South Korea will invest $100M in fostering a cybersecurity unicorn

By Kuksung Nam, The Readable
Sep. 5, 2023 11:48PM GMT+9

The South Korean government is making strides to boost the country’s standing in the global cybersecurity landscape, announcing plans to nurture its first high-value cybersecurity startup.

“Starting next year through 2027, we’ll allocate 130 billion won ($97 million) to fund the initiative,” said Hong Jin-bae, the deputy minister of the Office of Network Policy at the Ministry of Science and ICT (MSIT), in a Tuesday press briefing. “The goal of this fund is to create South Korea’s first cybersecurity unicorn.”

Hong Jin-bae, the deputy minister of the Office of Network Policy at the Ministry of Science and ICT (MSIT), is explaining the country’s plans for enhancing the cybersecurity industry during a press briefing on Tuesday. Photo by Kuksung Nam, The Readable

According to the MSIT, the number of cybersecurity startups achieving “unicorn” status—meaning they are valued at $1 billion or more by investors—has surged from just 13 in 2019 to 58 in 2023, fueled by robust venture capital investment.

While the cybersecurity industry is experiencing rapid growth, ranking third in sectors boasting the greatest increase in global unicorns, South Korea has faced challenges in nurturing a highly-valued cybersecurity startup. According to the government’s statement, several obstacles have hampered progress, including an industry culture that leans heavily on traditional security sectors like monitoring services, as well as a focus on domestic and public markets that are valued at roughly 5 trillion won ($3 billion) annually.

The initiative, which is referred to as the “cybersecurity fund,” represents a collaborative investment from both public and private sectors. The fund’s primary aim is to support startups specializing in emerging areas like artificial intelligence and zero trust. Additionally, the fund will facilitate mergers and acquisitions among small and medium sized security firms, enabling them to amplify their capabilities.

“To be frank, our objective zeroes in on nurturing a single, standout unicorn,” stated Hong. “While Silicon Valley is churning out numerous cybersecurity unicorns, our focus is on cultivating just the right company to stand alongside them.”

Including the “cybersecurity fund,” South Korea’s government is charting a course to invest a total budget of 1.1 trillion won ($824 million) by 2027, with the goal of increasing the size of the country’s cybersecurity market to 30 trillion won ($22 billion). As reported by the MSIT on Monday, South Korea’s cybersecurity firms collectively raked in sales of 16 trillion won ($12 billion) the previous year.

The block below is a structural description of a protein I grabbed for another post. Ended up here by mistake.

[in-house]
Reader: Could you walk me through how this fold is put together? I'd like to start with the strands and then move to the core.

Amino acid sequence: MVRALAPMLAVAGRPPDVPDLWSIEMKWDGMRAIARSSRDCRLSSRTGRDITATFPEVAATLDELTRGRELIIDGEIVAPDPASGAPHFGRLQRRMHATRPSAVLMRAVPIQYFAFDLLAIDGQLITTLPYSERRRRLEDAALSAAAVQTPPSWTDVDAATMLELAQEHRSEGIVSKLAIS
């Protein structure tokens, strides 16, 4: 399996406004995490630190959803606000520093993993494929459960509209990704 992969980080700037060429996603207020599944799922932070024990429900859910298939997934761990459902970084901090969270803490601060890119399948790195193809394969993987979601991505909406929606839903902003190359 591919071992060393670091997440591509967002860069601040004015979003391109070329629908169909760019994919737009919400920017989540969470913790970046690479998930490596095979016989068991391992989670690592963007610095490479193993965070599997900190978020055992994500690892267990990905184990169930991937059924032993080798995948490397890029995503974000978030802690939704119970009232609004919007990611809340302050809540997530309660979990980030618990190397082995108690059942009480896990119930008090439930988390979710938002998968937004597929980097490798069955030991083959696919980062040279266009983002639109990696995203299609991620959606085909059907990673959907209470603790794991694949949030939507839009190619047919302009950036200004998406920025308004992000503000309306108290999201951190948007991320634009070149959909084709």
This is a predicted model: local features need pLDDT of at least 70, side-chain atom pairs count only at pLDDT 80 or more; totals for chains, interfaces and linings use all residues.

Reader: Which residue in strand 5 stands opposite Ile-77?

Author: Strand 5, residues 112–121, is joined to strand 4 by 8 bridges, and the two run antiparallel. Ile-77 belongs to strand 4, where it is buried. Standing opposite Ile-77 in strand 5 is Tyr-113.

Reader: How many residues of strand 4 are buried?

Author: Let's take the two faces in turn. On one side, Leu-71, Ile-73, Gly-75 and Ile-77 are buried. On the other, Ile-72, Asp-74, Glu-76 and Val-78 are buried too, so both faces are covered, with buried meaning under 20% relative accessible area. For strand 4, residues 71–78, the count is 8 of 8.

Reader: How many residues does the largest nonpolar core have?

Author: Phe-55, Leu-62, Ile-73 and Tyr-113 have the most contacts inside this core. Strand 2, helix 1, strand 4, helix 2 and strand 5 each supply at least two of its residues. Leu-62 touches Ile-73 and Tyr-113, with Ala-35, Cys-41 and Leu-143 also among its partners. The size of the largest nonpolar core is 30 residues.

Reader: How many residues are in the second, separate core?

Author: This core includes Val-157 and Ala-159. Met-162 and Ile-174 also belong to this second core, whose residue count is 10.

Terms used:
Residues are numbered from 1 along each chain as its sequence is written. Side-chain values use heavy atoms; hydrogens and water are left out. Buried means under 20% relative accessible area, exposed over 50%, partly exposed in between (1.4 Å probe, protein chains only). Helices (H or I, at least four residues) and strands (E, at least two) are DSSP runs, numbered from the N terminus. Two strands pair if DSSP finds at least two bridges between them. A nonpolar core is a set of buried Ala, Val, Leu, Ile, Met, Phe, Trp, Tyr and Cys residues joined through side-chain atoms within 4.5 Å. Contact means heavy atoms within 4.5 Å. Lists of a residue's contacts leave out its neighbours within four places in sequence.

Furthermore, Hong revealed that the government is poised to help domestic cybersecurity firms break into burgeoning markets like Saudi Arabia and Vietnam. At present, South Korea has identified five countries—the United States, Indonesia, Oman, Tanzania, and Costa Rica—as strategic launchpads for amplifying its global cybersecurity influence.

“We’re pivoting our Middle East operations base from Oman to Saudi Arabia,” said the Deputy Minister of the Office of Network Policy. “We engaged with our Saudi Arabian counterparts last year, and there’s been substantial interest in collaboration. A lot is unfolding in Saudi Arabia, particularly in the realm of digital cities.”

The cover image of this article was designed by Areum Hwang.

Kuksung Nam is a journalist for The Readable. She has extensively traversed the globe to cover the latest stories on the cyber threat landscape and has been producing in-depth stories on security and privacy by engaging with industry giants, foreign government officials and experts. Before joining The Readable, Kuksung reported on politics for one of South Korea’s top-five local newspapers, The Kyeongin Ilbo. Her journalistic skills and reportage earned her the coveted Journalists Association of Korea award in 2021 for her essay detailing exclusive stories about the misconduct of a former government official. She holds a Bachelor’s degree in French from Hankuk University of Foreign Studies, a testament to her linguistic capabilities.